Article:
Sam will be speaking at the Festival of Marketing in November about the brand’s progress in multichannel markets.
Alongside Sam’s thoughts on publishing and records, we’ve included some of Guinness World Records’ most shared video content, so you can relive those days of leafing through the annual as a child. Enjoy!
Please briefly describe your role at Guinness World Records
In my role as Senior Vice President for Global Brand Strategy, I’m continually looking for opportunities to strengthen and diversify our brand, as well as exploring new global partnerships, seeking innovation in our digital offering, and maintaining our role as the global authority on record-breaking achievements.
Prior to joining Guinness World Records, I held senior marketing roles at LEGO, Electronic Arts and EIDOS.
How and why did Guinness World Records decide to diversify?
To adapt Guinness World Records (GWR) to the challenges facing the publishing industry, such as declining book sales, we needed to maximise the potential of new revenue streams and promote the business as ‘more than just a book’.
To do so, we repositioned GWR and diversified its range of products.
Our strategy was protect, follow, diversify. We protected our main book by conducting market research among our target audience to ensure it’s still offering the right content.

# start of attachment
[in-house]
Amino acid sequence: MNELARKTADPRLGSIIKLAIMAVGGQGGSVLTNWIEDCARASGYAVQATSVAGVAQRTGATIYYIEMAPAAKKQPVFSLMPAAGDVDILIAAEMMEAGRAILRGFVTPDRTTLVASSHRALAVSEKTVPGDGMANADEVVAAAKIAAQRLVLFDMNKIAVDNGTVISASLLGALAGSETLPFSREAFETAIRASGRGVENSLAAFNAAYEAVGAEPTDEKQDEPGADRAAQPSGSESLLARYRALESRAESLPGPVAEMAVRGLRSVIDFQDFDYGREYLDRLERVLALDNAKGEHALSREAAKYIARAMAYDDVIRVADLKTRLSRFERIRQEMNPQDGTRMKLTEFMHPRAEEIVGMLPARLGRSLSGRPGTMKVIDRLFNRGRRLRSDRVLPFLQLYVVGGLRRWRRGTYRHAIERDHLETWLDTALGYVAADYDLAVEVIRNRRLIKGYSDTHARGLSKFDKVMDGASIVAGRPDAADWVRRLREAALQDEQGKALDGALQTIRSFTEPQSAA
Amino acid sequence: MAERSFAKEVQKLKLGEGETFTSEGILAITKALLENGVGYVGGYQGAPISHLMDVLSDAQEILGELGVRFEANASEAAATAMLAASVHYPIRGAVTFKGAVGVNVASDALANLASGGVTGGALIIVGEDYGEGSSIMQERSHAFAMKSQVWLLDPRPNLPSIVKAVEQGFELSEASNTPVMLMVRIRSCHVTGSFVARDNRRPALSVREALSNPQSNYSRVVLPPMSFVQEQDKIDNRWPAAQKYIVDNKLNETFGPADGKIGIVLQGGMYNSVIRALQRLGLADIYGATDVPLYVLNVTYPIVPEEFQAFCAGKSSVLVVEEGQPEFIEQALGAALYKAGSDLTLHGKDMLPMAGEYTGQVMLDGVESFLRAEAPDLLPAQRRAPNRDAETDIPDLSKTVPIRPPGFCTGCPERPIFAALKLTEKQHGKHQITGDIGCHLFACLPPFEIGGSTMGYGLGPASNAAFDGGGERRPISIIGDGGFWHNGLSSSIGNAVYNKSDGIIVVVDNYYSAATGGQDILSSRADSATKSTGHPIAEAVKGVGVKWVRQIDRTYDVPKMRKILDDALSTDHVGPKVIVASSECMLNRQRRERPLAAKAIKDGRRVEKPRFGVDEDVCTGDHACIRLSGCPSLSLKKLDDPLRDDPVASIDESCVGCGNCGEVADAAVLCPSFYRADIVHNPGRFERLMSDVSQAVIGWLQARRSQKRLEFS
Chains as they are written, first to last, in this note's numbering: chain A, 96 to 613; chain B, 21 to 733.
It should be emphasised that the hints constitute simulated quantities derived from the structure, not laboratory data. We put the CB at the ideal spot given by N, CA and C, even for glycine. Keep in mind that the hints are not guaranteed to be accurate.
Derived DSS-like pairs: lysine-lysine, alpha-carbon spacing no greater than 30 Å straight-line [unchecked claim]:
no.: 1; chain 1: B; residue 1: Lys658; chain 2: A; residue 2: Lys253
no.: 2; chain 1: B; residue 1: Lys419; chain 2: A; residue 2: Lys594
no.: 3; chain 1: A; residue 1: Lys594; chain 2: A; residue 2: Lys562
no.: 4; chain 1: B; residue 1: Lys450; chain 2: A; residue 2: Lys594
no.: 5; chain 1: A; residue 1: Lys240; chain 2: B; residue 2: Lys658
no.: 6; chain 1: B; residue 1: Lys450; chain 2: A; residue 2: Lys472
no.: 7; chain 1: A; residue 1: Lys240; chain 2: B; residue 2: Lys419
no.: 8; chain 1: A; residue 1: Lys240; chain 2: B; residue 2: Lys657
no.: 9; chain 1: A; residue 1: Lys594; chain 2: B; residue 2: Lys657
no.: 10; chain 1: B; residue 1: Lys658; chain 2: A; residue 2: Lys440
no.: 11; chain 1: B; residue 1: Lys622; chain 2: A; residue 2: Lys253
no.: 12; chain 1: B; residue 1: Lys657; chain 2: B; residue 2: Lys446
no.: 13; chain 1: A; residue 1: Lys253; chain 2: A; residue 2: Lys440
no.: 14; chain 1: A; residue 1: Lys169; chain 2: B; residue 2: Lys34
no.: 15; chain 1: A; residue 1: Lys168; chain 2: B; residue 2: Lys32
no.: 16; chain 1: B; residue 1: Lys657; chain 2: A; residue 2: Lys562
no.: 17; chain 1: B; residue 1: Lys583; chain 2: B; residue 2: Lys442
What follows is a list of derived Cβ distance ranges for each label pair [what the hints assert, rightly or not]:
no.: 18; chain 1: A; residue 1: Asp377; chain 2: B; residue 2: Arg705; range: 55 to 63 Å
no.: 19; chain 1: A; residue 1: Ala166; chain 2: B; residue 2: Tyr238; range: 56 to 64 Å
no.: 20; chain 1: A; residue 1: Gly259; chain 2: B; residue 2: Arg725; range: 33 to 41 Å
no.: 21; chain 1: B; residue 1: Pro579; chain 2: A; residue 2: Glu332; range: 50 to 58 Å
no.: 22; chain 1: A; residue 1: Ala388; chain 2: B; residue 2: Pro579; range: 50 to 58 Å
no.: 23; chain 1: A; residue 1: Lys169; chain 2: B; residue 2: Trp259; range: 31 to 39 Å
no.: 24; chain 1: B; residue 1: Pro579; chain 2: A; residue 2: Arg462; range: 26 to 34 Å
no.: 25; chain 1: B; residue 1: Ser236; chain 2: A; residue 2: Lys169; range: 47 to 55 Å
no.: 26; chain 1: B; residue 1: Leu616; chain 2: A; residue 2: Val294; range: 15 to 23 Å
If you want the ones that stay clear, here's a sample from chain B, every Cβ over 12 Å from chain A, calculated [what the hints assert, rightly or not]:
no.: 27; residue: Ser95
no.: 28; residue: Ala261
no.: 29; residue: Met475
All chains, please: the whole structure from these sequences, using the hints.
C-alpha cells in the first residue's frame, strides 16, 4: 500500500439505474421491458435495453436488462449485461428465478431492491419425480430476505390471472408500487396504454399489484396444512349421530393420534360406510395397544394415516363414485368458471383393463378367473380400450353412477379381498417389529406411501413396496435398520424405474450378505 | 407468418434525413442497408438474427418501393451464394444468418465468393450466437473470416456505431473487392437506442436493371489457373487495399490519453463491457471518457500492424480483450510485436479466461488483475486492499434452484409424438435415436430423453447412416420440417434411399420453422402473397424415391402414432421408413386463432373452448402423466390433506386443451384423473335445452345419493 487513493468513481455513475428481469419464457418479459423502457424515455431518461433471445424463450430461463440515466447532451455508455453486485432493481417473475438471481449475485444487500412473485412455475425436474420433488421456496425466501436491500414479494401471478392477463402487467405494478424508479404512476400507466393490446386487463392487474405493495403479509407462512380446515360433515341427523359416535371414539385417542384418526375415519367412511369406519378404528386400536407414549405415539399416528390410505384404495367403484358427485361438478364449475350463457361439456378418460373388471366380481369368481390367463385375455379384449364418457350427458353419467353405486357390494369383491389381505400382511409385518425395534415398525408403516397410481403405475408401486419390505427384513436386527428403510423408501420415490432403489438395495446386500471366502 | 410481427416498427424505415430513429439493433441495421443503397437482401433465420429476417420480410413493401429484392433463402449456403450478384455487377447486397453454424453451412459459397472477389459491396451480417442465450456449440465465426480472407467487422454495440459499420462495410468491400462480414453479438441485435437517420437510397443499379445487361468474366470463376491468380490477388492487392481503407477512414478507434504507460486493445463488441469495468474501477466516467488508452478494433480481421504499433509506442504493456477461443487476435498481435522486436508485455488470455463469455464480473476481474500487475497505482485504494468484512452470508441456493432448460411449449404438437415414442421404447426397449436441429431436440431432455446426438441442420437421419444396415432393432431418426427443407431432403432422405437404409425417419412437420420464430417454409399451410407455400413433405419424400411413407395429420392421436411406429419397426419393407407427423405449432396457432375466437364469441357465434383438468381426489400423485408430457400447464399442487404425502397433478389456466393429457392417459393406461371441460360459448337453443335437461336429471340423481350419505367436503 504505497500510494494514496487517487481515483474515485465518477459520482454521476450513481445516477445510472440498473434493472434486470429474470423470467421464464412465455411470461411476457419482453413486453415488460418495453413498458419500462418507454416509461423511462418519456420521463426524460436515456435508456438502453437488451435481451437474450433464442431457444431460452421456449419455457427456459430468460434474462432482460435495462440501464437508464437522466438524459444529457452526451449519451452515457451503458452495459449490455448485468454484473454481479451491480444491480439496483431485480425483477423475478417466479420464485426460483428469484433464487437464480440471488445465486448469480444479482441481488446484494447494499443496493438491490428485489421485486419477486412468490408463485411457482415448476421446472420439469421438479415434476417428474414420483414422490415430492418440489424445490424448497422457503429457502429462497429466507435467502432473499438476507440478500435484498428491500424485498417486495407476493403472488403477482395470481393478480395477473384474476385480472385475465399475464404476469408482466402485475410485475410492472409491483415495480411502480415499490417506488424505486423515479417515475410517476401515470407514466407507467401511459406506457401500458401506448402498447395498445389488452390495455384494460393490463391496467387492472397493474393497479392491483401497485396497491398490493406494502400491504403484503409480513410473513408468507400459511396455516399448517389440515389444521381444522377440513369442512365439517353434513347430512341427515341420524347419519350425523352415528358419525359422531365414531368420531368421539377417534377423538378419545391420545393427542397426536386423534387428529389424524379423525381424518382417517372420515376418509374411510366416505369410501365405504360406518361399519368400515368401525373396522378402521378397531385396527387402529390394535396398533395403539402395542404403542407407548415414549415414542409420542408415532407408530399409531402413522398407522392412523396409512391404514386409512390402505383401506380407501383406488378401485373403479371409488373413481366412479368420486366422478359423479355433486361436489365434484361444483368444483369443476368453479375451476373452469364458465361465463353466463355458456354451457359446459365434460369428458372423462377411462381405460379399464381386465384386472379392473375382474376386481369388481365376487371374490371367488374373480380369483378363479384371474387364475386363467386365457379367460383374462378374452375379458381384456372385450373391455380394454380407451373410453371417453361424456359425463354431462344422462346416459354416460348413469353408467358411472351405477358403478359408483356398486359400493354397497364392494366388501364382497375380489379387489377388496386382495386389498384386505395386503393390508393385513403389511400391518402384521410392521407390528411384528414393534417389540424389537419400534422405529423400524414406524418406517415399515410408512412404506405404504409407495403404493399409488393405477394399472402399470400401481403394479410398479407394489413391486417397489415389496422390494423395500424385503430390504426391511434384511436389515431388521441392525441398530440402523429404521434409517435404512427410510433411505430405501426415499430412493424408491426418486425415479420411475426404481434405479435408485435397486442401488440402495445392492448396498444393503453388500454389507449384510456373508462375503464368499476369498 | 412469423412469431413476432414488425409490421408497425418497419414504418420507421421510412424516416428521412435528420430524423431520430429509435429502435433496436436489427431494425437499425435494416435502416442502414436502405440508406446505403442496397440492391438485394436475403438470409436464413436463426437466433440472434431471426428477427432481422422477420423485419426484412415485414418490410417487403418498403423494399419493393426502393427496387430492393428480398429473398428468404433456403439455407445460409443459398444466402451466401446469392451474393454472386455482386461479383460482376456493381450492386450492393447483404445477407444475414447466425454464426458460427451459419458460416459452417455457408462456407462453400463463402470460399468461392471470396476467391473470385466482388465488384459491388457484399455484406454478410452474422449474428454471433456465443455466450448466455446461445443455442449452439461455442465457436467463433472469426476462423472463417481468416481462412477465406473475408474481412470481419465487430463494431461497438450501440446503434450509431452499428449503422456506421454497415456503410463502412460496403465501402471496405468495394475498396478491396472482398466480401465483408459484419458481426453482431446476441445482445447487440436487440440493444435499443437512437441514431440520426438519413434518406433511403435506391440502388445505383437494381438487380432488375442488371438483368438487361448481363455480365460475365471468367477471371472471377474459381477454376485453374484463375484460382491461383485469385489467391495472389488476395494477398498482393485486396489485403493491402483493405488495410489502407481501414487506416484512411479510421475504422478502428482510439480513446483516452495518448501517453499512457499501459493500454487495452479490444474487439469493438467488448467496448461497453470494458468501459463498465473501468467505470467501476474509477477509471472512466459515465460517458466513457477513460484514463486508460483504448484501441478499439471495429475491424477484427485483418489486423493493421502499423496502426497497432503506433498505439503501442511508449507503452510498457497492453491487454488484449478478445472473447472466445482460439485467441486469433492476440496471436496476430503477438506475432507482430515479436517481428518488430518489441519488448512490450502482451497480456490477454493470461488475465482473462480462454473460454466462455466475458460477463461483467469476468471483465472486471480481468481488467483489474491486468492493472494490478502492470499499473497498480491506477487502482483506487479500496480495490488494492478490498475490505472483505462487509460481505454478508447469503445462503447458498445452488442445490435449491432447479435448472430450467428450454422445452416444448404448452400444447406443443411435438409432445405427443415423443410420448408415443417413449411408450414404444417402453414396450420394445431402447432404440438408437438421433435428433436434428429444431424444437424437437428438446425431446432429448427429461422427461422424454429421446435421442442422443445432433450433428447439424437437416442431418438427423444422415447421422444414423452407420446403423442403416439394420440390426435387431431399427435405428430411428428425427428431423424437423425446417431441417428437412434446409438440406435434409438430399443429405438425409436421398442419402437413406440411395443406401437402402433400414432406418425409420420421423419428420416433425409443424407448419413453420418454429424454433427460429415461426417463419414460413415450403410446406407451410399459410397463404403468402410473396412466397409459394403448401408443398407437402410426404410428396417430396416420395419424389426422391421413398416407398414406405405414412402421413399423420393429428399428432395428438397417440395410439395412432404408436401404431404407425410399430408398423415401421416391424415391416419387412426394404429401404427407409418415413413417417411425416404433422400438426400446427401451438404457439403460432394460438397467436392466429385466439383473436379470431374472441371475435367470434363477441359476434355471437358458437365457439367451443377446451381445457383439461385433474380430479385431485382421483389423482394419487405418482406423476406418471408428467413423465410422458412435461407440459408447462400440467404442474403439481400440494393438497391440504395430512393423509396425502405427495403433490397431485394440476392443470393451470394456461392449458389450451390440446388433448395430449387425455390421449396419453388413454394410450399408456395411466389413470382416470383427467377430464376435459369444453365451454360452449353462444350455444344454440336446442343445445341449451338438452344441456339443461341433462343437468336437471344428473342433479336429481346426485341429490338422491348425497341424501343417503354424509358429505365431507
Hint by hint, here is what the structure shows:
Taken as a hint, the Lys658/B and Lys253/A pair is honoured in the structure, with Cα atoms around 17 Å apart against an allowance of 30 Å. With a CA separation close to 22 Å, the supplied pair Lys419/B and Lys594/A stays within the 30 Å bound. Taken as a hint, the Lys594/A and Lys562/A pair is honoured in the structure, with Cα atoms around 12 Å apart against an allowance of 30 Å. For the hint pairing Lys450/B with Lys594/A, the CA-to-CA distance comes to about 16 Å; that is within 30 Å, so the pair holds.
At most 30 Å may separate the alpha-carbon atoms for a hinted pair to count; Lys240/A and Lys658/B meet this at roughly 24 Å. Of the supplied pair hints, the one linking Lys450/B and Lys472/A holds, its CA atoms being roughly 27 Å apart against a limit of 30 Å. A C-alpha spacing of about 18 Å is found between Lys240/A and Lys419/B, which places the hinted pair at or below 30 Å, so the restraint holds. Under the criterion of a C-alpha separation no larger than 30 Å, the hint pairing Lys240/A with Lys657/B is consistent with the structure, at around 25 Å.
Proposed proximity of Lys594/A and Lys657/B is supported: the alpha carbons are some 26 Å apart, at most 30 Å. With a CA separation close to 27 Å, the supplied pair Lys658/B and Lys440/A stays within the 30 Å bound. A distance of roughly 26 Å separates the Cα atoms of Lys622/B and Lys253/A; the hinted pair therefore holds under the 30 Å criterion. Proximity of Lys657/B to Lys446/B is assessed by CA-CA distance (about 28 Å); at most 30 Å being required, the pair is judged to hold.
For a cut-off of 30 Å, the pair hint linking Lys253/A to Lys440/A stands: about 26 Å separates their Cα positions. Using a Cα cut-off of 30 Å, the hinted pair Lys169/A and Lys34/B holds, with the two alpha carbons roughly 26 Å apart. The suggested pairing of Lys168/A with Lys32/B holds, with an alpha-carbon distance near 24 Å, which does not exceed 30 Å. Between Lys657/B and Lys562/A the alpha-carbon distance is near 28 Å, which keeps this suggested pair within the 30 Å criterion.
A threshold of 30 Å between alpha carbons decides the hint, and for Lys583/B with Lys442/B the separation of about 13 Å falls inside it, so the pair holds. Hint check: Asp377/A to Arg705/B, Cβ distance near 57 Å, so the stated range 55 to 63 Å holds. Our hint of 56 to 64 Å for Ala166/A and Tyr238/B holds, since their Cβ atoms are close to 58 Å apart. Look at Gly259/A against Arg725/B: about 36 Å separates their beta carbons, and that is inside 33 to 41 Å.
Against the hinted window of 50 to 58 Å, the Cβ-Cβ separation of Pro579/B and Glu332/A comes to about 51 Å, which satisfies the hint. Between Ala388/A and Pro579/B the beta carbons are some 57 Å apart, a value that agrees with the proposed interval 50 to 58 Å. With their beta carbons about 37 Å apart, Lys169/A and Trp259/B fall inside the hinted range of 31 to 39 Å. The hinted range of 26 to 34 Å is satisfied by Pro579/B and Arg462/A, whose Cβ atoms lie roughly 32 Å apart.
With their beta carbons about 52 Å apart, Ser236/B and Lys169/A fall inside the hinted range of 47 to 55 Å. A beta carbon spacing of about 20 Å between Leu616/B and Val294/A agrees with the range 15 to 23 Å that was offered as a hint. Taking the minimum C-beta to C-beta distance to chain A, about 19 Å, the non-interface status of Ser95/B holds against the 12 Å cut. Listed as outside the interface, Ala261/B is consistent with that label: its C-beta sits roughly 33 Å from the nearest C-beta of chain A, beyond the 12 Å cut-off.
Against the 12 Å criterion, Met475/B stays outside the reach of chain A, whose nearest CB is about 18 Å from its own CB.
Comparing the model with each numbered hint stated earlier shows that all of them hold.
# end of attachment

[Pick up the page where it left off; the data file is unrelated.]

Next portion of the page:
We also followed the digital trend by expanding into ebooks and building our online and social networking presence, and we diversified into live events and commercial products.
We developed new products to fit these areas, which have grown into significant new revenue streams.
Our journey has seen GWR evolve into an entertainment company and world-class intellectual property brand, which works with the world’s top brands to create highly engaging marketing and PR campaigns.
Can you tell us where Guinness World Records is currently in terms of being digitally transformed? How reliant are you still on the annual book sales?
While 70% of our business comes from publishing and other media such as television shows, we’ve built up a strong digital following with more than 14.3m unique visitors to our website annually, 9m Facebook fans and more than 300m views of our videos on YouTube.
In addition to our publishing and digital departments we have a commercial team that creates bespoke campaigns and live events for brands that want to enhance their marketing, PR or employee engagement messages through record-breaking.
These campaigns are a highly effective way to engage target audiences.
How does the brand strategy change from territory to territory? Do you create bespoke content for each location?
We create bespoke content for each of our 20 language editions which highlights records that were broken in that country.
However, obviously most records have global appeal, such as the recent Jaguar attempt, which set the record for the Largest Loop the Loop. Jaguar’s record attempt generated 20m views in just 24 hours, and more than 900 pieces of media coverage around the world.
That’s one of the fascinating things about record-breaking, it’s something that appeals to people of all cultures and nationalities. And of course, our annual book, which is sold in more than 100 countries and available in 20 languages, is the perfect illustration of this.